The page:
Why was a WW1 hero’s name and age 21 scrawled on a £10 note? Cryptic message found on the back of a modern-day tenner

MYSTERY surrounds a cryptic message with the details of a World War One hero scrawled on the back of a modern-day £10 note.

Claire Carney withdrew the cash from a machine in Norwich but was baffled when she read the handwritten note detailing John Hodgson's name, age and regiment.

 This is the £10 note, showing the soldier's details, which left Claire Carney when she withdrew it from an ATM

The 44-year-old typed the details in online and came across a history website, which revealed Private Hodgon's remarkable role in the war.

Florist Claire believes she has a theory behind the mystery of the note and told the Macclesfield Express: “I like the idea that someone wrote his details on the note because they didn’t want his name and the ultimate sacrifice he made to be forgotten.”

The £10 notes featuring Charles Darwin have been in circulation since 2000 but are gradually being replaced by polymer versions.

According to the background on the Macclesfield Reflects website, John Hodgson was born in the town on December 19, 1894.

He is the son of Margaret and Albert, a house decorator, and had seven siblings – Ethel, Esther, Hannah, George, Mary, Harry and Elsie.

 The soldier whose name is on the note is John Hodgson, who fought in the First World War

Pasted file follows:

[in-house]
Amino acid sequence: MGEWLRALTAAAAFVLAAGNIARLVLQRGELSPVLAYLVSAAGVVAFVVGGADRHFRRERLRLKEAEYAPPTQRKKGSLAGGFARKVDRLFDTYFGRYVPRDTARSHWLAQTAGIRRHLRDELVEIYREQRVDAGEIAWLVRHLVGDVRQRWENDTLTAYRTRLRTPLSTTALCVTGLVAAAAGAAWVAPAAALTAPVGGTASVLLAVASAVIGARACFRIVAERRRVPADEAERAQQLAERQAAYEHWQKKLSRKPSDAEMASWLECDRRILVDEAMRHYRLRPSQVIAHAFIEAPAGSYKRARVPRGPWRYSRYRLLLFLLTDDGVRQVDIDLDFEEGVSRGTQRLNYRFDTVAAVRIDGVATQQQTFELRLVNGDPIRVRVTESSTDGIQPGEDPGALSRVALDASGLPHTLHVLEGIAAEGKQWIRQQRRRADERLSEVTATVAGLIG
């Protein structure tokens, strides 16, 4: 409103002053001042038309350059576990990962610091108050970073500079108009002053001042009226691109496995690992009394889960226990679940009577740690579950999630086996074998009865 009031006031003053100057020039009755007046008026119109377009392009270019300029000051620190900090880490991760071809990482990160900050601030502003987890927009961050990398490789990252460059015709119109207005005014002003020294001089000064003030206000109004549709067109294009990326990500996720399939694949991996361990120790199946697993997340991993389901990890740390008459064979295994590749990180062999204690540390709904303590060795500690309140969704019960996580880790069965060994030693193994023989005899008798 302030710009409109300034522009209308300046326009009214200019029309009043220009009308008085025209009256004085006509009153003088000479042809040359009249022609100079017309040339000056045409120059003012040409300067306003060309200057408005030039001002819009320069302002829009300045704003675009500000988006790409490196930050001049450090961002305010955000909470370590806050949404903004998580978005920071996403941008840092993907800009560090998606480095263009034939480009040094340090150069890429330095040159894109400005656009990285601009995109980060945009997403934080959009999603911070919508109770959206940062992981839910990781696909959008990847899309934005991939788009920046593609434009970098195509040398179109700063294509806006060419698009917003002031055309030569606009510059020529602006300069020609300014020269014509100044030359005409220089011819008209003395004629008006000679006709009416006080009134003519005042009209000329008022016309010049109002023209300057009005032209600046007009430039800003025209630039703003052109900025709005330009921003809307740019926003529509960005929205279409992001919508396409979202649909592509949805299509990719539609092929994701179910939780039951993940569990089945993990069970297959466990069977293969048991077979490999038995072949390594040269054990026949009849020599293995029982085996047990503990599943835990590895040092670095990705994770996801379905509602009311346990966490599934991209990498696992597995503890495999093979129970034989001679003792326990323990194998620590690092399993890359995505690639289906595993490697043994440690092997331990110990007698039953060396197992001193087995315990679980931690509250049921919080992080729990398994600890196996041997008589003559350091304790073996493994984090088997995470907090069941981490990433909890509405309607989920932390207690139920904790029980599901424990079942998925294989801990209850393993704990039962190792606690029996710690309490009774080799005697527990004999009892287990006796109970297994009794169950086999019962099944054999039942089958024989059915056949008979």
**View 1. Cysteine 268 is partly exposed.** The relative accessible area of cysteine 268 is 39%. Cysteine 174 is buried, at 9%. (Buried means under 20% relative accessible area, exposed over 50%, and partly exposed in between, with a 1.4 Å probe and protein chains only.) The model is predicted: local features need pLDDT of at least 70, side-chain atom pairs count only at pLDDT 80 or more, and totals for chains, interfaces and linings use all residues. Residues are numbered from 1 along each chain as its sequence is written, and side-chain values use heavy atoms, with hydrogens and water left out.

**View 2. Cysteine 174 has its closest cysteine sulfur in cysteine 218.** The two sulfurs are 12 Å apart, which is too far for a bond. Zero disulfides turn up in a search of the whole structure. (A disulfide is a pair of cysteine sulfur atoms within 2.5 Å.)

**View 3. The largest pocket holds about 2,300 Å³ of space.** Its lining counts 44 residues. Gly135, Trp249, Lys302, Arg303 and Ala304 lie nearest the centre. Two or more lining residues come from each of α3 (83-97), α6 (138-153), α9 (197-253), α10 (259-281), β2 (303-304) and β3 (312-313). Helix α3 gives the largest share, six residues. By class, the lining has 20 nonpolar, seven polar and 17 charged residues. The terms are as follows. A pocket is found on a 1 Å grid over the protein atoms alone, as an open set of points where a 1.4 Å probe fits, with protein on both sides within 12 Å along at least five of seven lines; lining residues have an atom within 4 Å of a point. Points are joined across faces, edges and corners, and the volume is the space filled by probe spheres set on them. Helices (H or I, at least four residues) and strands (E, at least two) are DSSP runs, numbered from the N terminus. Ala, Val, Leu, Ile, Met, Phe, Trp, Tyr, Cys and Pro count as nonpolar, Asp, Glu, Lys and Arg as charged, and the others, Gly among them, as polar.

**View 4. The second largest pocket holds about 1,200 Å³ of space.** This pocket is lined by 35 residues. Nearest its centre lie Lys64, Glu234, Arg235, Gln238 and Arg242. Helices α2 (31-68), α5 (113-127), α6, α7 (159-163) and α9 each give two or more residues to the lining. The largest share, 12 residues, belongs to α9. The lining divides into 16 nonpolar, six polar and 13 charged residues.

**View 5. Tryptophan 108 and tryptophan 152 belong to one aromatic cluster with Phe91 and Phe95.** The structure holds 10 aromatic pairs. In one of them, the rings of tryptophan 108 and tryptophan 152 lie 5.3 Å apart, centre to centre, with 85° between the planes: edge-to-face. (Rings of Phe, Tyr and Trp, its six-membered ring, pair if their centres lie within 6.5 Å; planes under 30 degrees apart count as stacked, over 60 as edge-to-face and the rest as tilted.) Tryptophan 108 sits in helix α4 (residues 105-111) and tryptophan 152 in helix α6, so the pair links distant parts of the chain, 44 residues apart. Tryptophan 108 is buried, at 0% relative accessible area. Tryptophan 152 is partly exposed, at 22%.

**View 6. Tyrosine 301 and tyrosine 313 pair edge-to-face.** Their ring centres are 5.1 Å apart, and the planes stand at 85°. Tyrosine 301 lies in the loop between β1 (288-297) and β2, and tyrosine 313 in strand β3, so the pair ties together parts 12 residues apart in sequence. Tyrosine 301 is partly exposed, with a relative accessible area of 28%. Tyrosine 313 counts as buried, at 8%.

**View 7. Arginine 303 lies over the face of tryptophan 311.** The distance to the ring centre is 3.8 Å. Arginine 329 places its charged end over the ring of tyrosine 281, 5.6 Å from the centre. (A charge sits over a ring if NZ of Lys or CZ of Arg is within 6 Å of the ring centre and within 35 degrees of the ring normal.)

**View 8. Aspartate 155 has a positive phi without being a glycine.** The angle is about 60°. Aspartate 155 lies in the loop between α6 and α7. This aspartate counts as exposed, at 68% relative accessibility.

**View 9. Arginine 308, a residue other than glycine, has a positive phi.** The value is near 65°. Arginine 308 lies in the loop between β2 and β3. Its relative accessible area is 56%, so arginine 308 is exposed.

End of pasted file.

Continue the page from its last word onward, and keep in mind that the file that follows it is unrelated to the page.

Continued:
John worked as an embroiderer before he enrolled at Macclesfield Technical School in September 1909 to further his education.

He later worked as a machinist at the Sunderland Street Slipper Works.

John joined the 7th Battalion of the Cheshire Regiment and after a period of training as part of 159th Brigade, 53rd (Welsh) Division, received orders to equip for service in an undisclosed location in the Mediterranean.

In July 1915 they sailed from Devonport to Alexandria in Egypt, then on to the island of Lemnos on August 4.

On the evening of August 8, the Battalion arrived off the coast of Gallipoli and after landing, they came under shell fire at about 8.30am before receiving orders to attack in the direction of a dip in the hills behind Anafarta Saghir.

By the end of the day, Private Hodgson was missing and he was assumed to have died on August 9, 1915.

He was 21 and has no known grave, however, he is commemorated on the Helles Memorial in Turkey and the Macclesfield War Memorial.

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Source: https://www.thesun.co.uk/news/4637593/why-was-a-ww1-heros-name-and-age-21-scrawled-on-a-10-note-cryptic-message-found-on-the-back-of-a-modern-day-tenner/

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